free_energy=yes affects energies at lambda=0
I'm using mdrun -rerun to reprocess a (trr) trajectory with several different free energy settings for
purposes of reweighting using my own WHAM installation. However, I found something rather alarming:
The total potential energies I get, even with lambda=0, depend on whether free_energy=yes in the tpr
files I use for reprocessing. For example, from the same trajectory, here are some energy values from
With free_energy=yes, at lambda=0
< 0.000000 -278065.687500
< 100.000008 -278276.562500
< 200.000015 -278689.375000
< 300.000000 -278253.187500
< 400.000031 -278992.375000
< 500.000031 -278813.750000
< 600.000000 -278452.562500
As you can see, the values differ by 0.2 kJ/mol or so -- but as far as I can tell from the documentation,
at lambda=0, it should be irrelevant whether free energy is turned on or off.
This turns out to be a huge problem for what I'm doing, as it's absolutely essential that lambda=0 be
equivalent to having no perturbation on the system, so I really need some help here.
I am providing a link to a tarball to reproduce the problem. Files are as follows:
- L7.trr: An example (short) trajectory.
- orig.mdp, orig.tpr, orig.ene, orig_pot.xvg: "Original" mdp file, input for mdrun
rerun, and output noFE.mdp, noFE.tpr, noFE.ene, noFE_pot.xvg: Same mdp file but with free_energy=no; associated tpr
energies from mdrun -rerun; in these, free_energy=yes
files and output from mdrun
rerun L7.top, L7.gro: Top and gro files used to generate the tpr files.
I am using single precision 3.3 with various bugfixes applied. I assume the same thing still happens in
#1 Updated by David van der Spoel over 13 years ago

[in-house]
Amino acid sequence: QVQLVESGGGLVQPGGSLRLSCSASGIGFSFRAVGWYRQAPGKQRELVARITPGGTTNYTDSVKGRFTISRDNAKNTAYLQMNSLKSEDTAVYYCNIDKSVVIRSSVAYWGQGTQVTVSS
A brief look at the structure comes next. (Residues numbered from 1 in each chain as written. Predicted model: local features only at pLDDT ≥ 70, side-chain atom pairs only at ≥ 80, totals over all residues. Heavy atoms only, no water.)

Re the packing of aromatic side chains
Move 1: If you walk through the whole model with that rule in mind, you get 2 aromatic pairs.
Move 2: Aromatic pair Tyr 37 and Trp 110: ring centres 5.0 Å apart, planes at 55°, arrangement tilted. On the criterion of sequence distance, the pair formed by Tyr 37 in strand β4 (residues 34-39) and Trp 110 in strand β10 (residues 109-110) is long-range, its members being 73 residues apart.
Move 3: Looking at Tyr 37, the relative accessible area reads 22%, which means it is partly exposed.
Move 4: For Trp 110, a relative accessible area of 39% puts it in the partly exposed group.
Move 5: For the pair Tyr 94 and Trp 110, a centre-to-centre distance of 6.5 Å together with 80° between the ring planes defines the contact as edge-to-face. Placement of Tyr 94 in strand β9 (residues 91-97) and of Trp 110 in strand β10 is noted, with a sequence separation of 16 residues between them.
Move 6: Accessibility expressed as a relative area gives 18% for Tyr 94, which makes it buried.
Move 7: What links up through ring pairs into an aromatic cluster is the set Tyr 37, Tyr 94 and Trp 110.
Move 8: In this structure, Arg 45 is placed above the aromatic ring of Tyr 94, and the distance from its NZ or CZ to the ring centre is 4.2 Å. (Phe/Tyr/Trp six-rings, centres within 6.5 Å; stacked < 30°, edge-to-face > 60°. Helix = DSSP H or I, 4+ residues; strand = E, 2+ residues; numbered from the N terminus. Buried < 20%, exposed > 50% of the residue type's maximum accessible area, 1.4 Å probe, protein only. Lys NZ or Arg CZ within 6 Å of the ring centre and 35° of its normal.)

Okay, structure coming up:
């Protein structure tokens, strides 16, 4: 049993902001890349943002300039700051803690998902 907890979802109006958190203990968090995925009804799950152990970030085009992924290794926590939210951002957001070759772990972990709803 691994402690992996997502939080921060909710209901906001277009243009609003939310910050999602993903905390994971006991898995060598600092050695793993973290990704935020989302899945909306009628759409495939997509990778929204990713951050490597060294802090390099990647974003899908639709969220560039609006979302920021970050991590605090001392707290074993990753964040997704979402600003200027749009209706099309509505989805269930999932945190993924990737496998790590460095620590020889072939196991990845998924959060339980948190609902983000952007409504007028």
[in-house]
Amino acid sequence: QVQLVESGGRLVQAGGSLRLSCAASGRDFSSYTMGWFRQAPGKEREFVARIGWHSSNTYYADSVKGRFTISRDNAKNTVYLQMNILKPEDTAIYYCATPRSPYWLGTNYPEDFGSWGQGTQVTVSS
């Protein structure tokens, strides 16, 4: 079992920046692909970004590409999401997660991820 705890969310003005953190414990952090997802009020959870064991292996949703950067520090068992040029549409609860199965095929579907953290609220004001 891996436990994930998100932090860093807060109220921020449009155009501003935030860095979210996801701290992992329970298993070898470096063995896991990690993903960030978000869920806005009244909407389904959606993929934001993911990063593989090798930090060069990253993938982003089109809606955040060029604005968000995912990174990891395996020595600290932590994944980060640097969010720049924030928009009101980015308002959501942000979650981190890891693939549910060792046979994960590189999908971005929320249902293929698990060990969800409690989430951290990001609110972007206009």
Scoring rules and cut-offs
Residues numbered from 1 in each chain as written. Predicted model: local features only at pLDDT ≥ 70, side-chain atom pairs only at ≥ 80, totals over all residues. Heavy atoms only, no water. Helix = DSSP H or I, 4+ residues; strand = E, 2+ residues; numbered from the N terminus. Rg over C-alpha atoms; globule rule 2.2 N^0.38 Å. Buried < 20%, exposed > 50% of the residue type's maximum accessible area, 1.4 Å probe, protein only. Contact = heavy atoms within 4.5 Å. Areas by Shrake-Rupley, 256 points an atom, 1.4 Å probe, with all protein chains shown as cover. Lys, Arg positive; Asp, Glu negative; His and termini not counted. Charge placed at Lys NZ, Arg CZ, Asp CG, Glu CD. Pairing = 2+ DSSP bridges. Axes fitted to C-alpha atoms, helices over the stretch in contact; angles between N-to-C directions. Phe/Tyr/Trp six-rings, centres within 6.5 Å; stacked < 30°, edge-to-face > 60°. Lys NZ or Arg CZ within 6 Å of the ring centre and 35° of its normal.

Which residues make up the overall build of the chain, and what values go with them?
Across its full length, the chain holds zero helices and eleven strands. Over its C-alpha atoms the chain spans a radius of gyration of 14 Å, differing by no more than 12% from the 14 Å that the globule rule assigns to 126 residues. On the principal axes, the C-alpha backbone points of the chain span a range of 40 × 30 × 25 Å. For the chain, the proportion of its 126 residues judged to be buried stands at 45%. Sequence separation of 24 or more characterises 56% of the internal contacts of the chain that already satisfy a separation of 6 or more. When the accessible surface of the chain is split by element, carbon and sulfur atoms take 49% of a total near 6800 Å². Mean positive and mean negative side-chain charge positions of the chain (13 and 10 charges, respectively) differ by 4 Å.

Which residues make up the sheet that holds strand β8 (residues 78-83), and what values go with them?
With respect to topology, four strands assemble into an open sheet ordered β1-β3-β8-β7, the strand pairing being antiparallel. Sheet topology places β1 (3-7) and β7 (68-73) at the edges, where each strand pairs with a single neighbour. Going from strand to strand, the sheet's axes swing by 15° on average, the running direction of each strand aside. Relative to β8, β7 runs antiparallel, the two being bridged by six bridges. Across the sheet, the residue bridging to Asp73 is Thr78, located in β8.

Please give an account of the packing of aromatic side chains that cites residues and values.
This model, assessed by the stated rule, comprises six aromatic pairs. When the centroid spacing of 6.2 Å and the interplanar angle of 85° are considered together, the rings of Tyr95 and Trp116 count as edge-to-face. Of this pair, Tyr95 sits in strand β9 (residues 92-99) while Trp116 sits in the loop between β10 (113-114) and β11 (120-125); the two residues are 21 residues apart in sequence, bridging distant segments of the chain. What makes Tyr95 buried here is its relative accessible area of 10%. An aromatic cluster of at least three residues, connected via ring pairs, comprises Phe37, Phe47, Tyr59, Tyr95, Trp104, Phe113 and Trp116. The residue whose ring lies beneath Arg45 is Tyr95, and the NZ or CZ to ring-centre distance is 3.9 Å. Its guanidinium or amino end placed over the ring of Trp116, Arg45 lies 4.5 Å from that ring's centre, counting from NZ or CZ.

as always, examples to reproduce the problem will be needed. I also wonder
wheter you have tried it in double precision? It could be that another inner
loop is used which although mathematically equivalent is nt numerically
equivalent. DP should fix that. Also, have you investigated which term in the
energy causes the difference?
#3 Updated by David Mobley over 13 years ago
Yes, I tried in double precision (after posting this) and the difference is gone, as well.
I like Berk's suggestion (on list) of making stuff internally be double precision -- I do still find it alarming
that I could get such substantial (for me) energy differences just because stuff is in single precision.
#4 Updated by David van der Spoel over 13 years ago
what you call significant is in fact the last bit in the float representation
which is 7 decimals, i.e. we're looking at roundoff errors. Maybe you could look
into defining your problem in a different manner such that you compute
differences. Of course, this is why people usually shy away from computing
absolute free energies. Either way if you know which term of the energy causes
this it might still be cured by modifying the code for the free energy
calculation although it will be very difficult to make it water tight.